What Is Tier Pricing?

When you accept credit card payments in your business, your overall expenses are affected by the pricing model your merchant service provider or payment processor uses. This is why pricing models should be evaluated carefully when looking for a payment processor.


Most credit card processing charges related to each transaction are pre-set by the credit card networks. After receiving payments and collecting their share, they then send them on to customers' credit card issuing banks and the card networks.


This means payment processors must get creative if they want to make money from processing payments. Typically, they use three common processing models to be profitable: tiered pricing, flat-rate pricing, and interchange plus pricing. This piece examines what tiered pricing is all about.



How This Model Works


Processors use this structure to assess charges and the merchant group’s transactions in tiers. In turn, the processor prices all transactions based on the tier. The common tiers are qualified, non-qualified, and mid-qualified.


Qualified Transactions


These have the cheapest rates and apply mostly to non-rewards credit card transactions. If you have a brick-and-mortar or physical store, a terminal will swipe or read most of your credit card transactions. Online merchants rely mainly on internet-based transactions as well as payment gateways.


After signing up for a merchant account with a processor, your qualified rate will depend on the kinds of transactions you process at your store.


Mid-Qualified


Mid or partially qualified rates apply to transactions and cards that don't meet the standards for fully qualified transactions.


A transaction falls under this group if your customer uses a rewards card, transactions aren't batched out within 24 hours, or if you or one of your workers keyed a card number into the terminal rather than swiping it.


Since these transactions' processing rate is higher, it pays to consider the kinds of cards your customers usually use.


Non-Qualified


A transaction falls under this group if it has incomplete or missing information; a customer uses a card with greater risk, or a customer uses a corporate or government-issued card.


Drawbacks of Tiered Pricing


The only advantage to this model is that it presents fees and rates in a simple and easy-to-read format. Nonetheless, the model's simplicity makes it expensive and opaque. Here are the main disadvantages.


Higher Fees


This model allows a processor to charge higher fees for processing without reflecting the increase in its rates. Processors do so by routing a huge number of interchange groups to more costly and non-qualified pricing tiers.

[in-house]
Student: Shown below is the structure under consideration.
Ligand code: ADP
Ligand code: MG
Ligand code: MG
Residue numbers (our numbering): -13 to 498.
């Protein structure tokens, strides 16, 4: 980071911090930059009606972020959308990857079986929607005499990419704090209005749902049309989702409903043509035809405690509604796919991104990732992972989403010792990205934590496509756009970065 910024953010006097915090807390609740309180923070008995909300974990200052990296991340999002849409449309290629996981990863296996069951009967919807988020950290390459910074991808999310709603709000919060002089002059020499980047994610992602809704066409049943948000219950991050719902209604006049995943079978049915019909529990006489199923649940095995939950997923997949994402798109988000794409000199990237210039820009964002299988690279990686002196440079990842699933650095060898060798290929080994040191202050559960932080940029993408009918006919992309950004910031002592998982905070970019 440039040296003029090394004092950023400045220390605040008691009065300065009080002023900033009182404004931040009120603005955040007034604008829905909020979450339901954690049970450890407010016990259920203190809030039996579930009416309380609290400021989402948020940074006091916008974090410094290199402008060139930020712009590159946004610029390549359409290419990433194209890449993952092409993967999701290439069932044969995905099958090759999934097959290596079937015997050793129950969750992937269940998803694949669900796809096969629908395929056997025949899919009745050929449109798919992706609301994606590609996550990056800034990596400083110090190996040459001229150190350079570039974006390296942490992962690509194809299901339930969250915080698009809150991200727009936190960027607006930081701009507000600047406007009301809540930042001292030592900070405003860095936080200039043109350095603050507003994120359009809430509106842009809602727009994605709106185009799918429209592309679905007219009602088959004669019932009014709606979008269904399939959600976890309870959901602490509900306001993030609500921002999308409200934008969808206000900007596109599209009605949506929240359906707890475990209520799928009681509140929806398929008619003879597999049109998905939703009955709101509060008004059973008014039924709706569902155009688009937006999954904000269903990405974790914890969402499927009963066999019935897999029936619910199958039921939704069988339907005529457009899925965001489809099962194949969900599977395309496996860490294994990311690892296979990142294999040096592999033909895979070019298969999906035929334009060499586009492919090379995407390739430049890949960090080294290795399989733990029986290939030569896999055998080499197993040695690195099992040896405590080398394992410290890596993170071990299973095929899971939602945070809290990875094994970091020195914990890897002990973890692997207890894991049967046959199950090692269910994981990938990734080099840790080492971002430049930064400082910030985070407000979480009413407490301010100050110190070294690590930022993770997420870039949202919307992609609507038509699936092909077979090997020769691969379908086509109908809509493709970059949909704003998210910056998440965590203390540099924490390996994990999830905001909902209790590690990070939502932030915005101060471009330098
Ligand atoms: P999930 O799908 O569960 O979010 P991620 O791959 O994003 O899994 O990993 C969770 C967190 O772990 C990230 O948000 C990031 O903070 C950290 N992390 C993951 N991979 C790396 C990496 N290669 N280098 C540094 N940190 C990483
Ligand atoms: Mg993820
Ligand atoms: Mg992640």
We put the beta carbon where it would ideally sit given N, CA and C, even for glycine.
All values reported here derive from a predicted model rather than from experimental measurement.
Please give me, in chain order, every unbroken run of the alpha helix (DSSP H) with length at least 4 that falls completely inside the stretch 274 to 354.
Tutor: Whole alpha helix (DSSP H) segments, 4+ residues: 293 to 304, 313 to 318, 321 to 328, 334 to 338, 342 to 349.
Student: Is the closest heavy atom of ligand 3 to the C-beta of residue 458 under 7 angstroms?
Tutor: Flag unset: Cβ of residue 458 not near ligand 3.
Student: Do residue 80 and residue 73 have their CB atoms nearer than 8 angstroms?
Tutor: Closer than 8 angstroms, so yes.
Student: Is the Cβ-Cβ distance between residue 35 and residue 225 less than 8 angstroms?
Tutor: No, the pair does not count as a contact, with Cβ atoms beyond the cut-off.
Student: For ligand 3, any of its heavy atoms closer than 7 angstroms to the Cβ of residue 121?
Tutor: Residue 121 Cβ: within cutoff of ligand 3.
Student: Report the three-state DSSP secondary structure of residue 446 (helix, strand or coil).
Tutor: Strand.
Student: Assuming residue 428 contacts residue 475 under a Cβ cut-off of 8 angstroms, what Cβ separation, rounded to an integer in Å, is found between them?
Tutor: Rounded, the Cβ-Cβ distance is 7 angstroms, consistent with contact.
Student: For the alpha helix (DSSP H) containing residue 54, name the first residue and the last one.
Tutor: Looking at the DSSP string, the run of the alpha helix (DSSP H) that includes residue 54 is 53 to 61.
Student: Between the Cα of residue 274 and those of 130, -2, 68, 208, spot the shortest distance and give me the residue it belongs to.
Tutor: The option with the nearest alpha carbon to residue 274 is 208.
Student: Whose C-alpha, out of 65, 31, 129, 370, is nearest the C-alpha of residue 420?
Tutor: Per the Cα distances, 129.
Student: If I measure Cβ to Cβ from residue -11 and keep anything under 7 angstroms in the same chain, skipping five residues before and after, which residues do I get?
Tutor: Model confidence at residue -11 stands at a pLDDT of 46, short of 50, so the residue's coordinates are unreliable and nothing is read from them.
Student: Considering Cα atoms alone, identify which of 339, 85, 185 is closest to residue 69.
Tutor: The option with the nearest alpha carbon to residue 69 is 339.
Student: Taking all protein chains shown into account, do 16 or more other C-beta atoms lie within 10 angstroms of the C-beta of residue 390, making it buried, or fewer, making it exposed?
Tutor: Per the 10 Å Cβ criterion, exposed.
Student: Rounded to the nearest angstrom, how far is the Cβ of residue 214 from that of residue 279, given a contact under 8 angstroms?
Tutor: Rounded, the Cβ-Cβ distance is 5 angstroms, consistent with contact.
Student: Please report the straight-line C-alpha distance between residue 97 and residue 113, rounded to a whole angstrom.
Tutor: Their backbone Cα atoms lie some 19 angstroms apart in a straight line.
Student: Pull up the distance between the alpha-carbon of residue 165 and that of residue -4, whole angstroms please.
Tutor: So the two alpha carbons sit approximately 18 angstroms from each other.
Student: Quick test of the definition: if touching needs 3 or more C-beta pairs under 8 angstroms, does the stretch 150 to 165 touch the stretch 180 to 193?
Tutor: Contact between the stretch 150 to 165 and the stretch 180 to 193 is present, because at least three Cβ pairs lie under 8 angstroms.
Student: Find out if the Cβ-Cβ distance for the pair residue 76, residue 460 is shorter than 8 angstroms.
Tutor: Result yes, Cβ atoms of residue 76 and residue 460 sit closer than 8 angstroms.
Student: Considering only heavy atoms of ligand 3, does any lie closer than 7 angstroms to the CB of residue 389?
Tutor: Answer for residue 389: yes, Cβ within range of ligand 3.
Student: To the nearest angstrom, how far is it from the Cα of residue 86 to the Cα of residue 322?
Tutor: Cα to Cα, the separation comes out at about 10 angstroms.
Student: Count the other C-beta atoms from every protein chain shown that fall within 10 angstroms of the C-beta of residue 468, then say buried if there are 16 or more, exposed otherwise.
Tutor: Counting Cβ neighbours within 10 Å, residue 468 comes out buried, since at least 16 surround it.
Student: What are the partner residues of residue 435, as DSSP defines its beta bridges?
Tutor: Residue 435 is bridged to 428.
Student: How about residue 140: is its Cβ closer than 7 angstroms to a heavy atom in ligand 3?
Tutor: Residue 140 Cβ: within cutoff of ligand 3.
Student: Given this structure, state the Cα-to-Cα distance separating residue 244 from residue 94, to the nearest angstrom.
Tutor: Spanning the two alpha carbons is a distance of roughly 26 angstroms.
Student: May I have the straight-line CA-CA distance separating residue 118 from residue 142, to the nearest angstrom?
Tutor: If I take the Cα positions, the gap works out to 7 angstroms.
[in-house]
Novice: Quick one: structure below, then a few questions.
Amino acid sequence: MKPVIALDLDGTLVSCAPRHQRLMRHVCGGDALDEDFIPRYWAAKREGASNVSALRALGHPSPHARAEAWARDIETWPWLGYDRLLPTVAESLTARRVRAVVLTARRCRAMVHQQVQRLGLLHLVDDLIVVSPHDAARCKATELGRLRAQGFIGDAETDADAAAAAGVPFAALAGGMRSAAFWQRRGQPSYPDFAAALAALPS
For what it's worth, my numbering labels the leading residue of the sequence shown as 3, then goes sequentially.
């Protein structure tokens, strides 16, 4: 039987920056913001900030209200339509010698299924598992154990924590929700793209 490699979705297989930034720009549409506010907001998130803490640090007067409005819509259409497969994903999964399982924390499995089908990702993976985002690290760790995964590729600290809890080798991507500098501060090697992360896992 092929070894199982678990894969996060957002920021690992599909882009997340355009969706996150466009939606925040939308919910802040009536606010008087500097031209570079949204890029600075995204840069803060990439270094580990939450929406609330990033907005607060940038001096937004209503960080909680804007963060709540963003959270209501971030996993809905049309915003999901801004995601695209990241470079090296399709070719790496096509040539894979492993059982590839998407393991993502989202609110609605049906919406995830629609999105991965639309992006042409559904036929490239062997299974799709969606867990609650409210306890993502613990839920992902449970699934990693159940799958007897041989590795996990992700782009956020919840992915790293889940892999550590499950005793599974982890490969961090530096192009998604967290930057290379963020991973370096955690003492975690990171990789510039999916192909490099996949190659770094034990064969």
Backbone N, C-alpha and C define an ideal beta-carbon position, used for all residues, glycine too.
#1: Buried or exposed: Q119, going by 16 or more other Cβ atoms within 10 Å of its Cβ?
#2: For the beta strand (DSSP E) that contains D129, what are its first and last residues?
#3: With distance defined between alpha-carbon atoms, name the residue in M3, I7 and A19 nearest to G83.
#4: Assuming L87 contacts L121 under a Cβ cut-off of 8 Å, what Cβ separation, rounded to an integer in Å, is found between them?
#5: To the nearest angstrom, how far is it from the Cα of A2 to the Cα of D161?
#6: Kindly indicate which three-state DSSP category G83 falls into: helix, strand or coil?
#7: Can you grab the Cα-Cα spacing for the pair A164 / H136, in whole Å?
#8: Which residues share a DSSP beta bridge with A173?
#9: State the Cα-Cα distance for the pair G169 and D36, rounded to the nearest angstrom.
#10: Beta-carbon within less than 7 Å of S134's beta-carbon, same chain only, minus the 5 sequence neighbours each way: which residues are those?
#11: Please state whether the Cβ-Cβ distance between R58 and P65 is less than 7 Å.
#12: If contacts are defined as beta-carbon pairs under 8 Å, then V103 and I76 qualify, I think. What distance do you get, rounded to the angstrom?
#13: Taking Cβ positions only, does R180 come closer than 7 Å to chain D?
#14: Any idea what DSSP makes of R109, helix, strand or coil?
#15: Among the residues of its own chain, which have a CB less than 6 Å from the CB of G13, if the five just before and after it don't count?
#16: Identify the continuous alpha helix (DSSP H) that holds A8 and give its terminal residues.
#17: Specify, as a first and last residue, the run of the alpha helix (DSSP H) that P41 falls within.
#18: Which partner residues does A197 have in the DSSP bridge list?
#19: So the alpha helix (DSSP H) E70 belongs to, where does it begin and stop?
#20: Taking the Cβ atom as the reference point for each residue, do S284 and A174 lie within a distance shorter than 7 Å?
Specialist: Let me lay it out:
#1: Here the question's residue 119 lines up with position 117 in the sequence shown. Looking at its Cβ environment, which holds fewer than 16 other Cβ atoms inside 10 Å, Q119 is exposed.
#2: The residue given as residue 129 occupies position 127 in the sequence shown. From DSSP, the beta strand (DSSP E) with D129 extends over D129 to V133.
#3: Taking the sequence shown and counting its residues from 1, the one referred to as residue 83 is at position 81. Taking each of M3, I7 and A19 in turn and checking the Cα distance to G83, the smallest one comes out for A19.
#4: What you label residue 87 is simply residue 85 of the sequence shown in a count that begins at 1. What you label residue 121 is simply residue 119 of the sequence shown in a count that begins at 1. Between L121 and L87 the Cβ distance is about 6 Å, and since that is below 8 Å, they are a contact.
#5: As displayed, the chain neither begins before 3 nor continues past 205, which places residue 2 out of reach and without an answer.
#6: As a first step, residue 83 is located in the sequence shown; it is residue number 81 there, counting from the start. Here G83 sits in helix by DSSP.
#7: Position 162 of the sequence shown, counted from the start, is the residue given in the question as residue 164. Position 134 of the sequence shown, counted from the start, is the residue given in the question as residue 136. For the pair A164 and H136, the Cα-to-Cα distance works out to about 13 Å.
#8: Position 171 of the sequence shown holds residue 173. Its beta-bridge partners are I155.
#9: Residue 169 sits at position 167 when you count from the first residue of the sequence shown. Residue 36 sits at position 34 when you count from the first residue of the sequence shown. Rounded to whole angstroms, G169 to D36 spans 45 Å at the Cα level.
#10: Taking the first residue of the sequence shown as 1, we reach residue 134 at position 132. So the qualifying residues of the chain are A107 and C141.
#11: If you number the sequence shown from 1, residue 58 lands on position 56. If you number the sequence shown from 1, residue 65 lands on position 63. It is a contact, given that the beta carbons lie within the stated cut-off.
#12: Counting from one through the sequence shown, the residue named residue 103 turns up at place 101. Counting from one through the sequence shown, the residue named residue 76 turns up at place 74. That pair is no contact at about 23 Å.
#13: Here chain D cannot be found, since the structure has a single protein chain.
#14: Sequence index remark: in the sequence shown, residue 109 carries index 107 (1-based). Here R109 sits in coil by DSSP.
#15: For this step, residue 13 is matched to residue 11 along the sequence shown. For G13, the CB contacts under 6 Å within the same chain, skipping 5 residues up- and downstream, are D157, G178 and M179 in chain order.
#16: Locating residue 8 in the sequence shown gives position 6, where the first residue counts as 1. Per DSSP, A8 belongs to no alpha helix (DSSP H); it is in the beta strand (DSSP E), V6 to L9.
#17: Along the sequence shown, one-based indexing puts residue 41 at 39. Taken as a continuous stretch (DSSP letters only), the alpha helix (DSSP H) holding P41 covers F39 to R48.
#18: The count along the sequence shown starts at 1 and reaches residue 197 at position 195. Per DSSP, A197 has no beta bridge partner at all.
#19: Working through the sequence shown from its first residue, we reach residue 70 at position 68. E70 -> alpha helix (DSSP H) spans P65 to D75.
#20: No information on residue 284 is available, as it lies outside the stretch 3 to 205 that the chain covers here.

Difficult To Compare Rate Plans


Since merchant account providers can set their tiers and criteria for non-qualified and qualified transactions, it can be hard to compare rate plans across providers. For instance, a mid-qualified transaction with one provider might be non-qualified with another competitor.


Making things even less transparent and more confusing are providers who don't always reveal their criteria for distinguishing among the transaction groups.


Conceals What You Actually Pay for Processing


A processor doesn't reveal the actual cost. Rather, the processor's mid-qualified, qualified, and non-qualified rates are visible. By concealing interchange charges, a business never knows the actual processing cost. This means that the processor can charge exorbitant markups.


Permits Processor to Maintain Refund Credits


When your business refunds a customer for debit or credit card transaction charges, you're supposed to receive partial credit from the interchange charges paid on the initial transactions.


Since interchange rates are bundled in tiered pricing, businesses don't benefit from interchange credits. Instead, processors maintain interchange credits as extra revenue.


Unpredictable Markups


Tiered pricing produces a different markup for each interchange category. The way transactions are categorized and the unpredictable markups that come with tiered pricing make it difficult to compare processors.


What You Should Get Instead


The best processing model is interchange plus pricing. Here’s why you should consider this instead:


● More affordable

● Easy reconciliation

● More transparent


Processors make money by assigning fixed percentages to their interchange rates. With this type of pricing, you can expect to be directly billed by the payment processor.


Unlike tiered pricing, your markup remains the same regardless of the type of card the customer uses or how the transaction was processed.


These advantages give interchange plus a definitive edge over other pricing models. It is a model that businesses should seriously consider.


Conclusion


There are so many obvious drawbacks with the tiered pricing model that you’d think nobody would go for them. Surprisingly, it’s a commonly used model among merchants. Why?


Well, it’s extremely lucrative for the processors and most merchants don’t know about these pitfalls that we’ve just shared with you. Now that you’re aware of them, perhaps it’s time to review the pricing model you use with your payment processor, particularly if you’re under a tiered pricing arrangement.


At Loyent, we go against hidden fees and contracts. To learn more about how we can help you grow your small business, connect with one of our payment advisors. We’re always happy to answer any questions you may have.

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